I’ve written about hopeful fantasy before. Hope is something that matters to me, but I never thought I was overly endowed with positivity.
As it turns out, I was kinda wrong.
Positivity as a Strength
I recently finished Becca Syme’s Strengths for Writers course (yes, I know this blog has been full-on Becca Syme fangirl for a couple of months). It’s a dive into your top 10 CliftonStrengths focused on using those to improve your life as a writer. When I read my list, I had to laugh for a couple of reasons.
I was completely unsurprised by some of these items: Context, Connectedness, and Learner all inform the past 10 years I spent as an historian in a museum, as well as my general love for history. Input, Learner, and Intellection all explain why I love diving deep into any topic I encounter that might be helpful to me. Activator (along with the fact that I’m an Enneagram 8) explains why I often take a ready, fire, aim! approach to decision-making.
What I wasn’t really expecting, though, was the #6 Positivity.
Positivity and Depression
According to Gallup, who own CliftonStrengths, Positivity involves “contagious enthusiasm” and finding ways to “make everything more exciting and more vital.” In addition, the website says, “Somehow you can’t quite escape your conviction that it is good to be alive, that work can be fun, and that no matter what the setbacks, one must never lose one’s sense of humor.”
Huh. You can’t quite escape your conviction that it is good to be alive.
On the face of it, this would seem to fly in the face of the chronic depression I’ve struggled with for the past 20 (at least) years. On the other hand, it also might explain why I struggled so much with the rollercoaster that was 2020+.
People with high Positivity want to spread hope to others, but we tend to have problems with hope is so thin on the ground. I kept looking for reasons that it was good to be alive in 2020, and it wasn’t a fun search.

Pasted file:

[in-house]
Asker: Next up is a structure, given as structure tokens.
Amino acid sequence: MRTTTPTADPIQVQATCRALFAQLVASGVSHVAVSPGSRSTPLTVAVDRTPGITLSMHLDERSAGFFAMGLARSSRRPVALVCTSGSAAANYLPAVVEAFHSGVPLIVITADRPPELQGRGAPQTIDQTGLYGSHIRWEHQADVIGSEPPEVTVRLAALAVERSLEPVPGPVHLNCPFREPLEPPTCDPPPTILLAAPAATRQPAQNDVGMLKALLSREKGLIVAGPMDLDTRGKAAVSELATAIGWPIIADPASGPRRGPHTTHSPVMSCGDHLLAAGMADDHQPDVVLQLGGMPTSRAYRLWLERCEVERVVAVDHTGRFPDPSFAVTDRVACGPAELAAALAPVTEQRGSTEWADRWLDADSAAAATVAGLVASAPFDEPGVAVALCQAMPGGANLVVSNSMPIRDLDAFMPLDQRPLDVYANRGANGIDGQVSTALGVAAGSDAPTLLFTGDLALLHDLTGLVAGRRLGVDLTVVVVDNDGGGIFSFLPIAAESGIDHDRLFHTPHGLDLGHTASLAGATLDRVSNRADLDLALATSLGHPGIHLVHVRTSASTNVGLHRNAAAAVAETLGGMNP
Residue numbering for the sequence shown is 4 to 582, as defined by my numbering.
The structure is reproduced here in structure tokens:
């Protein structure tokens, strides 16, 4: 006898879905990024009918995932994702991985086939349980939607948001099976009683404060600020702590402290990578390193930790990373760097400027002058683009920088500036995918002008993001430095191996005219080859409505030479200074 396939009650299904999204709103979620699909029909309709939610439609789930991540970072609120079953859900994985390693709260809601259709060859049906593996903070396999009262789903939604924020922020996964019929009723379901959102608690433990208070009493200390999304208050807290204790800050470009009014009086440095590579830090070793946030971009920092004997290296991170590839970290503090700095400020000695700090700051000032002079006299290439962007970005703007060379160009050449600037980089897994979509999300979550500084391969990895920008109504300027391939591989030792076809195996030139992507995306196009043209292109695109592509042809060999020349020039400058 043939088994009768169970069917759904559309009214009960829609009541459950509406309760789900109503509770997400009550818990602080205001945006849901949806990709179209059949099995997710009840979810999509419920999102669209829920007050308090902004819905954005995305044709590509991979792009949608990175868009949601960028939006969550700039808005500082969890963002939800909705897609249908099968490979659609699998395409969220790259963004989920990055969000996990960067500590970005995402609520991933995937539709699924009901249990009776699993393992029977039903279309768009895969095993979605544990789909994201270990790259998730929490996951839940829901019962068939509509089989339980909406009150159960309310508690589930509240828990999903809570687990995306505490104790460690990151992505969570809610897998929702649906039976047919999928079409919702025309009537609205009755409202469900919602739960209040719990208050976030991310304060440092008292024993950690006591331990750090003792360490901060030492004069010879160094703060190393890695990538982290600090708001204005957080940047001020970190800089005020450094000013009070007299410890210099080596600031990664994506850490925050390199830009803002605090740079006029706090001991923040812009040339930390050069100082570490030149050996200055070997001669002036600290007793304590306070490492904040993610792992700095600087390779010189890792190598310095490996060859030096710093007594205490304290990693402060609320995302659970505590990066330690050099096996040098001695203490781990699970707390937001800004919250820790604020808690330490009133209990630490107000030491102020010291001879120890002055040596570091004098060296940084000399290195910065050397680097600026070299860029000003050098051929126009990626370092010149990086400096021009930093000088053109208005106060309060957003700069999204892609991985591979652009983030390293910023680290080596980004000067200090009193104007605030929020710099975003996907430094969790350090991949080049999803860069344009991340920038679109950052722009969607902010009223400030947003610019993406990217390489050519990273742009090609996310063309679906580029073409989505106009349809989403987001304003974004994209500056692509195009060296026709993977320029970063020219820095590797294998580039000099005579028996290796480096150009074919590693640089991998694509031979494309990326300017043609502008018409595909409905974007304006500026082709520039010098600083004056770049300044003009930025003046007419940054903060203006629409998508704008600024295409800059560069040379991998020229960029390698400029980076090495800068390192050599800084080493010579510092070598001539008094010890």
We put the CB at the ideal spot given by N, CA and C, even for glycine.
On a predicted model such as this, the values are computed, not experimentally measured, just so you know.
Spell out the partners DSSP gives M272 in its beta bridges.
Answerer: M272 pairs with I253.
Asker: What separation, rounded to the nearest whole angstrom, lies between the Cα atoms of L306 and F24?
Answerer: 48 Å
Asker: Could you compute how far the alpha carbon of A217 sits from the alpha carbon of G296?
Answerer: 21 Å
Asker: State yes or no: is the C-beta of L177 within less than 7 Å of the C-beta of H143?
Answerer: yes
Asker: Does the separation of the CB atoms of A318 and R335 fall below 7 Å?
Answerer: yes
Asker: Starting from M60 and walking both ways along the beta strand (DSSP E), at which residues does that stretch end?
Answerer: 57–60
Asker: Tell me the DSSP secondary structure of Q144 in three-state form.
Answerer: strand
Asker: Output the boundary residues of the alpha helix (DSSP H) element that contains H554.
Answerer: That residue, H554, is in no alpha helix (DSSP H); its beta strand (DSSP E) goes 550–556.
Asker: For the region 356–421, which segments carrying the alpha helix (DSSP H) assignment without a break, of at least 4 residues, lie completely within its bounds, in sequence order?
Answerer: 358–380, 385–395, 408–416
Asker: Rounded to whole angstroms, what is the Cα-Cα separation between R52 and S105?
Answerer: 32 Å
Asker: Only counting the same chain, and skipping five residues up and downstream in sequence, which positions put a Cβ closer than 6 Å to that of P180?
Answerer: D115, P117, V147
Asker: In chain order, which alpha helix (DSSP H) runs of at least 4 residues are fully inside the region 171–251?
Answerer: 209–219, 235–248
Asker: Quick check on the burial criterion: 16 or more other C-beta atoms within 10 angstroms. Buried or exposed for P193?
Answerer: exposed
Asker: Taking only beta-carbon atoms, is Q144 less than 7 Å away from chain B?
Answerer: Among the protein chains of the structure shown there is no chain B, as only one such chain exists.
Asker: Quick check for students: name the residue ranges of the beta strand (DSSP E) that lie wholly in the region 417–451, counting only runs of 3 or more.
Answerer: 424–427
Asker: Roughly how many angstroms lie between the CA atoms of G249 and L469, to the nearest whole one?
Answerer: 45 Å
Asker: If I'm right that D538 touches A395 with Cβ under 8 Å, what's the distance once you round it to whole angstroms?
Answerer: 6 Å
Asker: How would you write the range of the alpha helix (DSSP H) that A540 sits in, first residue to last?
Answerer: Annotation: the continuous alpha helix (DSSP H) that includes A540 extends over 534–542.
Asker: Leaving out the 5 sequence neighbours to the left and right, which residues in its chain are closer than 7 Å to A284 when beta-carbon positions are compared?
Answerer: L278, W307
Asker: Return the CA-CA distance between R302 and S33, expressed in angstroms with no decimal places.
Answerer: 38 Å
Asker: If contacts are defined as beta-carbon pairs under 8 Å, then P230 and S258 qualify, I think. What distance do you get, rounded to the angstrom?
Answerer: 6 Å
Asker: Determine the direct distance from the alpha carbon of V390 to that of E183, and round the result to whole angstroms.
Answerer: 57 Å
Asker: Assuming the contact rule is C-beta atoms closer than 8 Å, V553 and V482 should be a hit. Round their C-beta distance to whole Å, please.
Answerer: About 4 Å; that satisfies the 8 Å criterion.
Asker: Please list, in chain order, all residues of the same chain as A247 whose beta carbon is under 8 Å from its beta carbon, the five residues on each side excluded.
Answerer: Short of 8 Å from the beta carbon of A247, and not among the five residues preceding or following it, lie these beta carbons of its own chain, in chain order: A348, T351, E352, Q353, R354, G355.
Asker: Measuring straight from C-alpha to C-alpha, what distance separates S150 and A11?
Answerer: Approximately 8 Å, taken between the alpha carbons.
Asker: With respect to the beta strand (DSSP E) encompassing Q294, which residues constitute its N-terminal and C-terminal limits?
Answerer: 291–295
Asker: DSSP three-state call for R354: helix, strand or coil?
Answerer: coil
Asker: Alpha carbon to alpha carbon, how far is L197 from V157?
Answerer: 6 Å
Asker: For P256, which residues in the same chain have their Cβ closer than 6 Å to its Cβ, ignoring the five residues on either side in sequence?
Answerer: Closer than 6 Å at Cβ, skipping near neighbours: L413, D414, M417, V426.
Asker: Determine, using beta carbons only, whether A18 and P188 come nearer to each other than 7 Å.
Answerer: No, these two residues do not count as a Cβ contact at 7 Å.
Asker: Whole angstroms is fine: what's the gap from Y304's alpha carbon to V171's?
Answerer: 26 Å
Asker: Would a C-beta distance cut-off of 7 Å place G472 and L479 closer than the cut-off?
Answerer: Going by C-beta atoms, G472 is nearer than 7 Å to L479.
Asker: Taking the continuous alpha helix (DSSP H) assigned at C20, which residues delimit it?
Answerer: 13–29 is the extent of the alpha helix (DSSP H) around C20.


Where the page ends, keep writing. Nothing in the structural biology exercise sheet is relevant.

I do like to look for the good in things. I do, in my heart, believe that it is good to be alive. But there are times my brain chemistry decides to try to convince me otherwise.
I’ve posted about that before, so I won’t repeat myself here, but I wonder if living for 20+ years with a chronic depression diagnosis is maybe one of the things that made me believe I wasn’t an overly positive person. And yet, looking at this from the other side of the lens, I realize that my need for Positivity is probably a contributor to why I’m prone to depression.
Positivity as a Frame for Seeing the World
I’m very nerdy about the Enneagram (8×9 here), and Suzanne Stabile (godmother of the Enneagram) refers to your number as your way of seeing the world. I love that. I also think that’s a useful way to look at my high Positivity. I want to look at the world through a hopeful lens.
A brief tour of my all-time favorite books gives a good example. Lord of the Rings is filled with hope. The Chronicles of Narnia revolves around hopeful themes. Lloyd Alexander’s books almost always involve hope. 1Side Note: Someday I will write a post about the death of magic in fantasy novels, and Prydain will not be spared.